Jessica Diamond

Birmingham Museum of Art

For this show, Jessica Diamond invited the public to come to the museum and watch her make monumental wall paintings. It might seem that such an offer would seek to reinforce the mythology of creative expression by suggesting that the value and authenticity of the work depend on the artist’s physical production of it, but in Diamond’s case, to see exactly how the paintings are executed is to see the artistic process, at least in part, demystified.

The paintings are realized from drawings projected onto the wall; for all their gestural immediacy, the final process itself is more akin to working from a stencil than to making spontaneous gestures. Furthermore, the paintings need not be in Diamond’s own hand, though she always paints new work herself the first time. When she sells a wall piece, she delivers an image drawn on acetate, the right to paint it on a wall, and detailed instructions (though she leaves it up to the buyer to determine the size of the final image). She does not include her own installation services as part of this package—but the new owner can pay a little extra to have Diamond execute it.

Although this approach to making and selling art has obvious precedents in the procedures of Sol LeWitt, among others, it has often been aligned with work whose geometric precision seems equally detached. Diamond’s coupling of such impersonal methods with paintings displaying all the markers of individual expression—idiosyncratic imagery, a gestural style, etc.—occasions renewed meditation on just where in the work the artist’s expression resides.

Diamond’s bold abstractions employ an accessible visual vocabulary that includes words, numbers, and a simple palette restricted to dark gray (almost black), yellow, and silver. These elements appear here in various combinations in four large paintings. Up Storm (all works 2000), the word “UP” slashed boldly in black against a bright yellow ground, has the graphic immediacy of a highway hazard sign. If Cloud offers a nebulous “IF” in silver against dark gray. In both paintings, the letters are cut off at the edges of the composition. While the presence of words here creates dear distinctions between figure and ground, the difference between positive and negative spaces is far less definite in the other works. Two Storm with Lightning integrates rounded areas of dark gray, branching yellow shapes, and the number 2. In Erotic Cloud (No. 2), the composition is almost evenly divided between an area of dark gray on the left and one of silver on the right, which conjoin in the center in a tangle of scumbled silver and dark threads. In the pieces, stark contrasts, big areas of unmodulated color, and gestural lines suggest straightforward connections between the visual effects of meteorological events and emotional states.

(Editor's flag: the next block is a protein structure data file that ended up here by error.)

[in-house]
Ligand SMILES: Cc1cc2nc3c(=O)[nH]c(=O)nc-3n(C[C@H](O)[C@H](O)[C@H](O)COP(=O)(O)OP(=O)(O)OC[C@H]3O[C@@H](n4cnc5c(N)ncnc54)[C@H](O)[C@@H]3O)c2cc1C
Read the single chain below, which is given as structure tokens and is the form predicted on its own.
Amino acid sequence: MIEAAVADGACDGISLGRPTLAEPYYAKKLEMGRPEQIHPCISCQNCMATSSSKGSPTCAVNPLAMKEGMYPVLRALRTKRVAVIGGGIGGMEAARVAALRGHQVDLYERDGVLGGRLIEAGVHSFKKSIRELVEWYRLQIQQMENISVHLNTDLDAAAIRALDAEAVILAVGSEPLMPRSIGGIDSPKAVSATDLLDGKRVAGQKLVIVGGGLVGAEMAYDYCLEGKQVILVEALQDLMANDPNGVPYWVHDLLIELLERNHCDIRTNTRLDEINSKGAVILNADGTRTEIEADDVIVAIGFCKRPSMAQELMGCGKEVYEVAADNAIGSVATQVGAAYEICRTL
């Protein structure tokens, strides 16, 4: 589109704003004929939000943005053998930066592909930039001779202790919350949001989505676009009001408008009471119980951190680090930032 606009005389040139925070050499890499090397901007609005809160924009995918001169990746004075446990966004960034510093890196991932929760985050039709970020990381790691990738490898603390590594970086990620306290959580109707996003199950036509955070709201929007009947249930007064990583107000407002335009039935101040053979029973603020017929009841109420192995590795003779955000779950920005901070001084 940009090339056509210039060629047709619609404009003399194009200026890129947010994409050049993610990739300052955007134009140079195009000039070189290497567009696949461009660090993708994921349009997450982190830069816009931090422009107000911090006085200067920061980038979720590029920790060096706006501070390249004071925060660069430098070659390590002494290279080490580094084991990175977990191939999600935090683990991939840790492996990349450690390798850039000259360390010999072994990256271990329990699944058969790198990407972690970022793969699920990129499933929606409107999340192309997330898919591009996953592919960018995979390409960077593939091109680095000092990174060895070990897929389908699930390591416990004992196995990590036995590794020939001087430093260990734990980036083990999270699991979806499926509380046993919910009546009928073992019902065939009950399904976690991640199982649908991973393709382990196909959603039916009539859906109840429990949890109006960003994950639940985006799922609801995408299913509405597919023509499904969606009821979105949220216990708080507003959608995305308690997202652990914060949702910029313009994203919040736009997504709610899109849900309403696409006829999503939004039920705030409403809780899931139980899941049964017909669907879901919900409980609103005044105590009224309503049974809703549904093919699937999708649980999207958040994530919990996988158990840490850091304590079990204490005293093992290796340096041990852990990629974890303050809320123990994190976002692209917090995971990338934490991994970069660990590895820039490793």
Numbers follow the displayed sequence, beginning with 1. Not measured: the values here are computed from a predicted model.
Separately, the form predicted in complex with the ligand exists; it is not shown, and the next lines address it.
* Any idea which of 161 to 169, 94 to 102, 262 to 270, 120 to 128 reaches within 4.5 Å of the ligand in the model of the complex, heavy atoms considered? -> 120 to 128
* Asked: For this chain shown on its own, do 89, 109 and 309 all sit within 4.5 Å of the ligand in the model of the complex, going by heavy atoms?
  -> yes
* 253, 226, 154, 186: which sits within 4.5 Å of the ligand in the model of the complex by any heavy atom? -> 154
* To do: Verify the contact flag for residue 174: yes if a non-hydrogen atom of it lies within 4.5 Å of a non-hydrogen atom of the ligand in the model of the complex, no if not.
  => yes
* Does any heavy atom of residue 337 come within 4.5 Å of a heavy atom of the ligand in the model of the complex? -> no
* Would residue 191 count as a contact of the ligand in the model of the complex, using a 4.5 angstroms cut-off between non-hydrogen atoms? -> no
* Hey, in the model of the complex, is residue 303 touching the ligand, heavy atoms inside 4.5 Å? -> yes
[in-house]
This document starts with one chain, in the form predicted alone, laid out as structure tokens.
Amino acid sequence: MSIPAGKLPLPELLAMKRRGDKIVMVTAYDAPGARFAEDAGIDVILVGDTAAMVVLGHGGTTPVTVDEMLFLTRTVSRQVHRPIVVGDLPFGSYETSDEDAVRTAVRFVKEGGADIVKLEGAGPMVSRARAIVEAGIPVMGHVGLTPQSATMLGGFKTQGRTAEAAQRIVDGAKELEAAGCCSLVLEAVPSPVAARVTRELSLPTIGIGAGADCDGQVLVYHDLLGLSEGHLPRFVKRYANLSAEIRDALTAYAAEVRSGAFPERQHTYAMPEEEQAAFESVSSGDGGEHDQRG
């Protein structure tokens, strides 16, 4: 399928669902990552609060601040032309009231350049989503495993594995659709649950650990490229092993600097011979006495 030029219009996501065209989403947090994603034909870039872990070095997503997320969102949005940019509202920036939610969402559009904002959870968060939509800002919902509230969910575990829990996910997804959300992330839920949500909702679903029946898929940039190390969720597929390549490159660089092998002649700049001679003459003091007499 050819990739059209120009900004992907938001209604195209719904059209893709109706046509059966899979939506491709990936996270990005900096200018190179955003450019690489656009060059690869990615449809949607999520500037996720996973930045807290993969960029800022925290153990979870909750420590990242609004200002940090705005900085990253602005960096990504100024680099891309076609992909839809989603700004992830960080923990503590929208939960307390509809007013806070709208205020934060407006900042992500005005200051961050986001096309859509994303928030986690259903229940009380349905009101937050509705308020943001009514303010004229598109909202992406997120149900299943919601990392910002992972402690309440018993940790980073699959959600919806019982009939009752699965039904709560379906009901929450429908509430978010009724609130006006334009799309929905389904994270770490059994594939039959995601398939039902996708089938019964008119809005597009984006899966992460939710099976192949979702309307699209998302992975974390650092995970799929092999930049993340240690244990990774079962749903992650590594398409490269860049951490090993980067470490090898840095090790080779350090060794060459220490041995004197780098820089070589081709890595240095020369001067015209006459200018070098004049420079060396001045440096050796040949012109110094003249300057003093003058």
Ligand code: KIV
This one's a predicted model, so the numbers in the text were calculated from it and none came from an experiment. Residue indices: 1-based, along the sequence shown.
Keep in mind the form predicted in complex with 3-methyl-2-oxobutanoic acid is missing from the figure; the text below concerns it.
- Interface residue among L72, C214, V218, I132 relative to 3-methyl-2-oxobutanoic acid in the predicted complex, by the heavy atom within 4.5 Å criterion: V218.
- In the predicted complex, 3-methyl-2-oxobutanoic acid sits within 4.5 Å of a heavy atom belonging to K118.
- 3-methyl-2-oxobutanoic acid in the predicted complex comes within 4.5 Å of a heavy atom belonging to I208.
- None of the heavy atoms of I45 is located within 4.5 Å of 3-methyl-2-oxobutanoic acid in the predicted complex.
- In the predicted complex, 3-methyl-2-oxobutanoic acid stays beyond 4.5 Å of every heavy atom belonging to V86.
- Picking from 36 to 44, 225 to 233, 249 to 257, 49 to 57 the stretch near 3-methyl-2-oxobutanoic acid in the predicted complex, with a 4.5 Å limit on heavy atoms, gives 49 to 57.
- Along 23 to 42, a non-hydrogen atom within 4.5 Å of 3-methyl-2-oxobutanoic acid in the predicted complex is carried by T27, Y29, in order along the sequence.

Diamond’s conceptual project is provocative, though the issues she raises and the strategies she uses are familiar, even when deployed in a novel stylistic context. But the paintings’ appeal in no way depends on their concept—they succeed on their own terms as lively and energetic abstractions to which Diamond’s conceptualism adds a welcome ironic edge.

Philip Auslander